Being from a good hippie/environmentalist background as I am, I’m well aware of how driving an internal-combustion vehicle effects the planet.  We’re about to drive two decent-sized vehicles with car-top carriers and full loads over 4,000 miles each.

Being the sole income for a family of five, and heading towards a couple years as a starving grad student, however, I’m not in a position to do too much about that.

Should you feel so inclined, here’s a way you can help offset some of our damage:

I believe you can buy carbon offsets as present for others, and have used TerraPass for plane travel in the past.

In the meantime, maybe we can get a stuffed pelican for each of the kids and dunk it in black RIT dye, just to make sure we’re not shirking our responsibility.

Reliance on Technology

17 Jun

This blog might end up being less dynamic than we’d hoped, once we hit the road…

We’d been planning on picking up new phones before we left, as our two year contract is up.  Mrs. Damn has decided our next phones should be the new iPhones, which granted, would let us keep in touch, upload content, and heck, even edit videos and upload them from the road (presumably not while driving.  Of course not, officer…).  She’s had a mostly positive experience with her Apple laptop, and is now a devoted fan of them- especially the AppleCare protection plan.  That and her appreciation of the closed system/moderated app store seems to be the main selling points for the new iPhone over, say, the cheaper ($150 each on Amazon) Driod Incredible– but I could be missing something.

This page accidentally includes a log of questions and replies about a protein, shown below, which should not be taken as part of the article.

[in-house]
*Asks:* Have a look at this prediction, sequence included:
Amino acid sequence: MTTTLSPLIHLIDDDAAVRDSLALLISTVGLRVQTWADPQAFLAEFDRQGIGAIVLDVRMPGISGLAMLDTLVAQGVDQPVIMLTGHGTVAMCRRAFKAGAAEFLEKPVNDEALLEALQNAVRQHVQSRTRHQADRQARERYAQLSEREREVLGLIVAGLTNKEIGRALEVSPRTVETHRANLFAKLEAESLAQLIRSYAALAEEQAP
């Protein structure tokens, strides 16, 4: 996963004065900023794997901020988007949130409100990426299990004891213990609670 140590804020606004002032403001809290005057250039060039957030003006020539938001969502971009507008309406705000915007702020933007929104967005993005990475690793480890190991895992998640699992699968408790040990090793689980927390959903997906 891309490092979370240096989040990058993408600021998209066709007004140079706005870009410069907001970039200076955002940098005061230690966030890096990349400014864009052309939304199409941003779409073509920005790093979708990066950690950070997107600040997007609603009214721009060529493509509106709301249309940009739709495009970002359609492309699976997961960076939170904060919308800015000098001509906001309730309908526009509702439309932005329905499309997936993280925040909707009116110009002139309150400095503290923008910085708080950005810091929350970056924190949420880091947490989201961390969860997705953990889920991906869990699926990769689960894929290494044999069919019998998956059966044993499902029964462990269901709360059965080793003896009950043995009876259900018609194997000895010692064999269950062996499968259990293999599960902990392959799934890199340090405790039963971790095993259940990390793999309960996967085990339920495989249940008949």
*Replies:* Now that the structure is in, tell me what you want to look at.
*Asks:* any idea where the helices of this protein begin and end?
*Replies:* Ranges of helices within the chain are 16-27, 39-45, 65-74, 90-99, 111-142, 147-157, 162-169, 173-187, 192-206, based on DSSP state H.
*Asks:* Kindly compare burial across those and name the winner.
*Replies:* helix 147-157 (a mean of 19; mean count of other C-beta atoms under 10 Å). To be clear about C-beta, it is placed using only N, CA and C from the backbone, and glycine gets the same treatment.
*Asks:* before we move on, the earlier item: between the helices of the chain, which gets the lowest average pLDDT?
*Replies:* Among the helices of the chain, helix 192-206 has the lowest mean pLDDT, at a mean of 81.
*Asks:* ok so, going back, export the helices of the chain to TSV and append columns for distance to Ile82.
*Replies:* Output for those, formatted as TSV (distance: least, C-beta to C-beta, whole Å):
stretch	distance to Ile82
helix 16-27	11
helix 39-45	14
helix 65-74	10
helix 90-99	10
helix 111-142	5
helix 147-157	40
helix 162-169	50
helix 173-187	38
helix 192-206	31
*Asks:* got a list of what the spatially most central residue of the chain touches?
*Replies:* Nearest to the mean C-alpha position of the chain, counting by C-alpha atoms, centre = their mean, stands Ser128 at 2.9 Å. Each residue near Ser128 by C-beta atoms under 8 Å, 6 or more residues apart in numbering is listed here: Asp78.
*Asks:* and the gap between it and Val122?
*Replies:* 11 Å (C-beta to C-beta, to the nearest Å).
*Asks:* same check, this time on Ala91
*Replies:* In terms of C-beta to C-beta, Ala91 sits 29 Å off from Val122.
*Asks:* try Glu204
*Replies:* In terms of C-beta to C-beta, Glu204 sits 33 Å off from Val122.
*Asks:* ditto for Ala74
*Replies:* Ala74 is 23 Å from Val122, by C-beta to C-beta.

Unfortunately, things kept getting pushed back.  We waited on the announcement of the new phones, as we knew they would both open up new options and drop the price on the existing iPhones when they came out.  Then we waited for the pre-order deadline, figuring we’d have them shipped to us en route.  Then their servers and phone numbers couldn’t handle the rush for the trendy new phones.  Then they had to push back the delivery dates and make them tentative instead of guaranteed.  Plus the online ordering system would only let you ship and set area codes according to the billing address on your credit card.

So now I’m not sure… I have a feeling this means we won’t get new phones until mid-July or probably early August, when the new iPhones become more readily available in stores.  In the meantime, we have phones that can handle email but not web browsing or other fancier features.

Not our phones.

I’ll admit in addition to the blogging and general memorabilia appeal of being able to take & upload photos & video, I was set more at ease about our trip by the thought of being able to access maps, GPS, look up hotels, search for the next restaurant via voice commands, and all those other modern marvels that come with the current batch of mobile devices and applications, and I’m starting to worry more and more about how we’re going to fare on the longer stretches between havens (La Pine, OR to Gothic, CO being the first of several of them).

At the same time, I have to mock myself somewhat for feeling dependent on expensive new technology I haven’t ever even had yet.